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Fahrenheit 451 is a 1953 dystopian novel by Ray Bradbury, about a future world where television is the primary form of entertainment and books are banned as subversive.
Montag is a fireman -- in this world, a fireman is someone who burns books, not someone who fights fires. At the fire station, there is a Mechanical Hound, which is used to root out fugitives and book collections; the Hound is also used for entertainment by the other firemen, who bet on its prowess in killing animals. The Hound has a poison needle in its nose. Near the beginning of the book, the Hound seems suspicious of Montag, and threatens him; later, when Montag flees, another Hound pursues him and the spectacle is broadcast on live TV for citizens to enjoy.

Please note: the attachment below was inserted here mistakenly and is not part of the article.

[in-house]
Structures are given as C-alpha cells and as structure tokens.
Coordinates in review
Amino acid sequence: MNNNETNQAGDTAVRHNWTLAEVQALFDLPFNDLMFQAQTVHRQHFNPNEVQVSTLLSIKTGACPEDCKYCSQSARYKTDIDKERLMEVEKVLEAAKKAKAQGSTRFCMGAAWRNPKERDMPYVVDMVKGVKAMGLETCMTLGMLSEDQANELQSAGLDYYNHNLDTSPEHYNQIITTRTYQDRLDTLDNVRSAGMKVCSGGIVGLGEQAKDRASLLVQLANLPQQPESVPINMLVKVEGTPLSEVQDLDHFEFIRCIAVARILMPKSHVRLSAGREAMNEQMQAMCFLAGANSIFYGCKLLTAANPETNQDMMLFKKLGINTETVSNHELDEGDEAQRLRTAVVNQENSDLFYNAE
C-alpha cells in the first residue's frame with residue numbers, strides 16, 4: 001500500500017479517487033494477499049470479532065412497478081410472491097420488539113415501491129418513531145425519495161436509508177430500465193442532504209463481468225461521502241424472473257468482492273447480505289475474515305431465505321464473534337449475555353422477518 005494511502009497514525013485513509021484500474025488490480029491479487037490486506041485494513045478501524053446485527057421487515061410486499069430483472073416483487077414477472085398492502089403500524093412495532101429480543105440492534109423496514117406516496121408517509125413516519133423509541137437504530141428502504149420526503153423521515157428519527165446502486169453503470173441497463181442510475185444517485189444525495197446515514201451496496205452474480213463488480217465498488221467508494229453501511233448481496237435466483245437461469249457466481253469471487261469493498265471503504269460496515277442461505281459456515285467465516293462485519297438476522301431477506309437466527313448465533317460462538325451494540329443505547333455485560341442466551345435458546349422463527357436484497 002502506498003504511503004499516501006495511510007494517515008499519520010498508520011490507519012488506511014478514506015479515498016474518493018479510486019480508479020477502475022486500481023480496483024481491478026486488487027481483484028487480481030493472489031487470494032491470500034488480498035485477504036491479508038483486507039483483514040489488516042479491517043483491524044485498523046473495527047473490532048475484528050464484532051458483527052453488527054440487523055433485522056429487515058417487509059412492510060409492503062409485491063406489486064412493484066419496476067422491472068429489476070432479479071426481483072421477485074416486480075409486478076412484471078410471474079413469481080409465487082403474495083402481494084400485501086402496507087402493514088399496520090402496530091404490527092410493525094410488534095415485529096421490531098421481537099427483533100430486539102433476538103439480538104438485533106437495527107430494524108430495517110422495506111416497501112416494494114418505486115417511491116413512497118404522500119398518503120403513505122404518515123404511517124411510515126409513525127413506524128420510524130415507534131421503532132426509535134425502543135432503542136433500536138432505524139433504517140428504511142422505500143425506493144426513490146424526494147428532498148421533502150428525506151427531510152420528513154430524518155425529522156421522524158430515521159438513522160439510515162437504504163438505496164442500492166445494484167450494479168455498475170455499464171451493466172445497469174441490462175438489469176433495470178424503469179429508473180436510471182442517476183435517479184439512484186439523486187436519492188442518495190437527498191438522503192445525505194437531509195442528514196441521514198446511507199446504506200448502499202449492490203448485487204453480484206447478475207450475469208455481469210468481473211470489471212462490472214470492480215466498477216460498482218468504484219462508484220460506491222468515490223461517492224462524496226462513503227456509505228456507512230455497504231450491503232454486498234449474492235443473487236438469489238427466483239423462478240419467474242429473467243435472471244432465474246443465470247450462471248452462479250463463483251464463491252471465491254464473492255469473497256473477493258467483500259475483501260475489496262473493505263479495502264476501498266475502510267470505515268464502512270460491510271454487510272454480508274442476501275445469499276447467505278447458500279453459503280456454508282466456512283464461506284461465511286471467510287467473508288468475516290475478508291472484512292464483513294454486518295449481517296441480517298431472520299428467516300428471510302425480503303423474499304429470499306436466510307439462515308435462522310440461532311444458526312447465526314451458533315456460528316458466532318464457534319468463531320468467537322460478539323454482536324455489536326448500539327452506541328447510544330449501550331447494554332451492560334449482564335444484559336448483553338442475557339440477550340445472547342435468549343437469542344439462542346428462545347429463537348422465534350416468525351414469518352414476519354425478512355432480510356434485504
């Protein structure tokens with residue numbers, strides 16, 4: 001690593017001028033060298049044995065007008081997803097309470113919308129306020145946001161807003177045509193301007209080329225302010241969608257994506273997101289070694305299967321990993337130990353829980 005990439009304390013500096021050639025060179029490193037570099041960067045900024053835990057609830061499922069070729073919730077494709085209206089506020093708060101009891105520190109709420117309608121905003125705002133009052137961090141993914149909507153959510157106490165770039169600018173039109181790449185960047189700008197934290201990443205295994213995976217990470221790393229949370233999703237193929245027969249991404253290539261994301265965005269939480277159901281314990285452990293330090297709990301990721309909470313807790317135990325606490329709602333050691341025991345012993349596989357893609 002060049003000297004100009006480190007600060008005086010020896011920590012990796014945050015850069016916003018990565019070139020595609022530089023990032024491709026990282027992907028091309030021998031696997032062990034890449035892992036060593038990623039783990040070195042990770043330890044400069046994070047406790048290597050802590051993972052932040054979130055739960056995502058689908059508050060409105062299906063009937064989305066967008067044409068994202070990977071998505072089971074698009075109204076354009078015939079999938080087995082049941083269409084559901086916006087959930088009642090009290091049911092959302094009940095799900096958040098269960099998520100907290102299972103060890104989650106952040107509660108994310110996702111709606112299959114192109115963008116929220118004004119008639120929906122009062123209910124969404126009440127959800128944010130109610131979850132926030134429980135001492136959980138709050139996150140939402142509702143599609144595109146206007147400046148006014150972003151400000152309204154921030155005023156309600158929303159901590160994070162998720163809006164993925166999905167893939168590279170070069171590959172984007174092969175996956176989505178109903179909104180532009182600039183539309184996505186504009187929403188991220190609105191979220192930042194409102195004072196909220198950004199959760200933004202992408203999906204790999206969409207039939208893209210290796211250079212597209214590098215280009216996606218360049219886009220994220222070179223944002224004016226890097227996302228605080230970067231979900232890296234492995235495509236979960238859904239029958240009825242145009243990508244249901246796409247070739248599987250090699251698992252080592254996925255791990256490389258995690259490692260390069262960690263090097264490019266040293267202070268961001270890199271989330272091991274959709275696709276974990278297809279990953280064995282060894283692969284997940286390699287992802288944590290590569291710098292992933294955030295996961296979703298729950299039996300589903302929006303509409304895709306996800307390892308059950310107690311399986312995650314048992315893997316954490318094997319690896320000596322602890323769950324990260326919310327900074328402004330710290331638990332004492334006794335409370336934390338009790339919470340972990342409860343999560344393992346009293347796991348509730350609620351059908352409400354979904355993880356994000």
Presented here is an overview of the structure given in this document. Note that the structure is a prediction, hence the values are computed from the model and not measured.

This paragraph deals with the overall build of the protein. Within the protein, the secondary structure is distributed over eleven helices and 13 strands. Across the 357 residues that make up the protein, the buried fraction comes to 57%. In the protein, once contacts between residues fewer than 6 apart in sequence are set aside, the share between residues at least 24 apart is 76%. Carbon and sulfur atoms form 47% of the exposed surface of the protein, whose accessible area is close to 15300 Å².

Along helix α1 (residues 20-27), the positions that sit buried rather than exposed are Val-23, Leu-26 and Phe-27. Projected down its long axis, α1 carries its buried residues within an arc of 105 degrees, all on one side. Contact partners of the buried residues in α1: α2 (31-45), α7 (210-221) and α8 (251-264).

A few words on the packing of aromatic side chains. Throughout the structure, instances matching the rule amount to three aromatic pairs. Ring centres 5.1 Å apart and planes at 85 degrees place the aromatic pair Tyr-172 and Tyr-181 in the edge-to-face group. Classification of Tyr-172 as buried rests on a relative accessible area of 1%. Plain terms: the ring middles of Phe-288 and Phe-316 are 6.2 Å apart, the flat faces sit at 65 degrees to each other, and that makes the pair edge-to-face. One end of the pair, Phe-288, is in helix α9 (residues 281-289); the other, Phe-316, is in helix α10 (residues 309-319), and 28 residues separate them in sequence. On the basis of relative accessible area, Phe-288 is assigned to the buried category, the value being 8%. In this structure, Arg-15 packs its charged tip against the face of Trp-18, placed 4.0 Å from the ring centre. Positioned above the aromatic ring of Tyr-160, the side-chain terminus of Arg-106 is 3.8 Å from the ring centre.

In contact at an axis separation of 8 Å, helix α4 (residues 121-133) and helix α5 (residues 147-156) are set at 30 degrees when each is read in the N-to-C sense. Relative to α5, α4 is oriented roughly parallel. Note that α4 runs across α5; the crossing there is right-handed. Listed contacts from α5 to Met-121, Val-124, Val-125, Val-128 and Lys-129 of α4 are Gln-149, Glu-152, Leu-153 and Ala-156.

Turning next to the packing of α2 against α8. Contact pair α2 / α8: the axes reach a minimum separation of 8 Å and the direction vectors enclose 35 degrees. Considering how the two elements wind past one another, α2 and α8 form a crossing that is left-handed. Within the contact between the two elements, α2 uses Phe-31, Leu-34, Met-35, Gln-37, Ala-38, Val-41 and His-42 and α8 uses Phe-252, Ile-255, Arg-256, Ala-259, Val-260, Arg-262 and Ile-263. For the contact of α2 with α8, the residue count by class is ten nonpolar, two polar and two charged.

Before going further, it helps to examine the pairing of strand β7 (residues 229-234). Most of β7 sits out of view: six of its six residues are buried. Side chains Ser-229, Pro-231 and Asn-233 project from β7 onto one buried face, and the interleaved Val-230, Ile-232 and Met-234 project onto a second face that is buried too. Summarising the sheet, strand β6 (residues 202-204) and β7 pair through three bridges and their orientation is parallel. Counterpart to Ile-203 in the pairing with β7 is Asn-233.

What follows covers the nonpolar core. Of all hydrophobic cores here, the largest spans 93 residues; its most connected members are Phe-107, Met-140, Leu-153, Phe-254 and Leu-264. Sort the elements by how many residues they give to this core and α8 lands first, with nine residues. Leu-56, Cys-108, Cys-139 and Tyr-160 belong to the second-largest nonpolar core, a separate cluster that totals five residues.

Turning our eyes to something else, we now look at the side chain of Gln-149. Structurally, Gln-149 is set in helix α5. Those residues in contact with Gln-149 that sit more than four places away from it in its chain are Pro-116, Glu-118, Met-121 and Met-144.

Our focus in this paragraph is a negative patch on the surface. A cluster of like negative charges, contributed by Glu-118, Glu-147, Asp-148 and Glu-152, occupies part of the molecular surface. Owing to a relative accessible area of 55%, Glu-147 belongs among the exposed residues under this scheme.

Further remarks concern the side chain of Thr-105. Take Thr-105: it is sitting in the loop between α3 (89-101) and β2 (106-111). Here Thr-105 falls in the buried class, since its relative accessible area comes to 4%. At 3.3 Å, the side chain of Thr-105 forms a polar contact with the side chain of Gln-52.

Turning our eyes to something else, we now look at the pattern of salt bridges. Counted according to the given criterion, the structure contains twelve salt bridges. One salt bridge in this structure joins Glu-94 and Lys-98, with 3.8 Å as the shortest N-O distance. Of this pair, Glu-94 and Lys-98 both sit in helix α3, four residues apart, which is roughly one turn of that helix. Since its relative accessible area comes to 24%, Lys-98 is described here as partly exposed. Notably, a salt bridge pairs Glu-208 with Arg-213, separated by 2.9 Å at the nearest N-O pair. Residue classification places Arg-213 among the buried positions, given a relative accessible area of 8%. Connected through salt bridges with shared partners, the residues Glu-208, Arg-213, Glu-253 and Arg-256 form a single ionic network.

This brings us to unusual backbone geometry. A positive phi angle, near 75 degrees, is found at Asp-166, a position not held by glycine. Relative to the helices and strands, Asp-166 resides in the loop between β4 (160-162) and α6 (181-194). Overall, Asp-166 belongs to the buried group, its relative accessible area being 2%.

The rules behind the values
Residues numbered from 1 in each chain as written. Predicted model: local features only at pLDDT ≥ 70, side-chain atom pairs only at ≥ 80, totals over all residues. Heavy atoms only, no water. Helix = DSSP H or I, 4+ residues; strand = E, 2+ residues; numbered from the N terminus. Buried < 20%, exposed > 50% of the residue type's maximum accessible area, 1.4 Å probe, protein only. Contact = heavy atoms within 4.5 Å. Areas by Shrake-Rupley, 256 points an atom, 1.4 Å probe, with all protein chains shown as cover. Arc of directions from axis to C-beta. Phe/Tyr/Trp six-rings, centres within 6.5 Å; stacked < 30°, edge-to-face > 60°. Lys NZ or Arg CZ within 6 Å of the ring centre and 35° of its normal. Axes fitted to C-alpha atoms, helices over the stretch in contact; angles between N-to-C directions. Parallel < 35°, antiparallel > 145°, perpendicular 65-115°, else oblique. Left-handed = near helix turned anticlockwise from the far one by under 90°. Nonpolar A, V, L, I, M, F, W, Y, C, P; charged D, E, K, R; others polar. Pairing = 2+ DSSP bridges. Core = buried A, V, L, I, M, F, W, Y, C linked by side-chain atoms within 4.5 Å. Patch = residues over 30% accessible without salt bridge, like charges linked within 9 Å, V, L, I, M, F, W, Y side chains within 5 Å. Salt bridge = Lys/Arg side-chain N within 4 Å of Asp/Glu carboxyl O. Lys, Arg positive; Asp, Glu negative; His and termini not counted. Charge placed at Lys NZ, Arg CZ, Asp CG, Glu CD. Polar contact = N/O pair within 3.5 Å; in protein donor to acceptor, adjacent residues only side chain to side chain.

During Montag's crisis of faith in the system, he returns to the firehouse in the middle of the night. When he arrives, he finds that:
The Mechanical Hound was gone. Its kennel was empty and the firehouse stood all about in plaster silence ... and Montag came in through the silence and touched the brass pole and slid up in the dark air, looking back at the deserted kennel, his heart beating, pausing, beating.
(Bradbury, Fahrenheit 451, hrsbstaff.ednet.ns.ca)
The Hound is gone because Chief Beatty has sent it to Montag's house, to wait for them. Chief Beatty knows that Montag has been collecting books, and he also knows that Montag is scared of the Hound. He wanted to use the Hound to make Montag scared, to make him renounce his curiosity; in the end, Montag destroys the Hound and flees.
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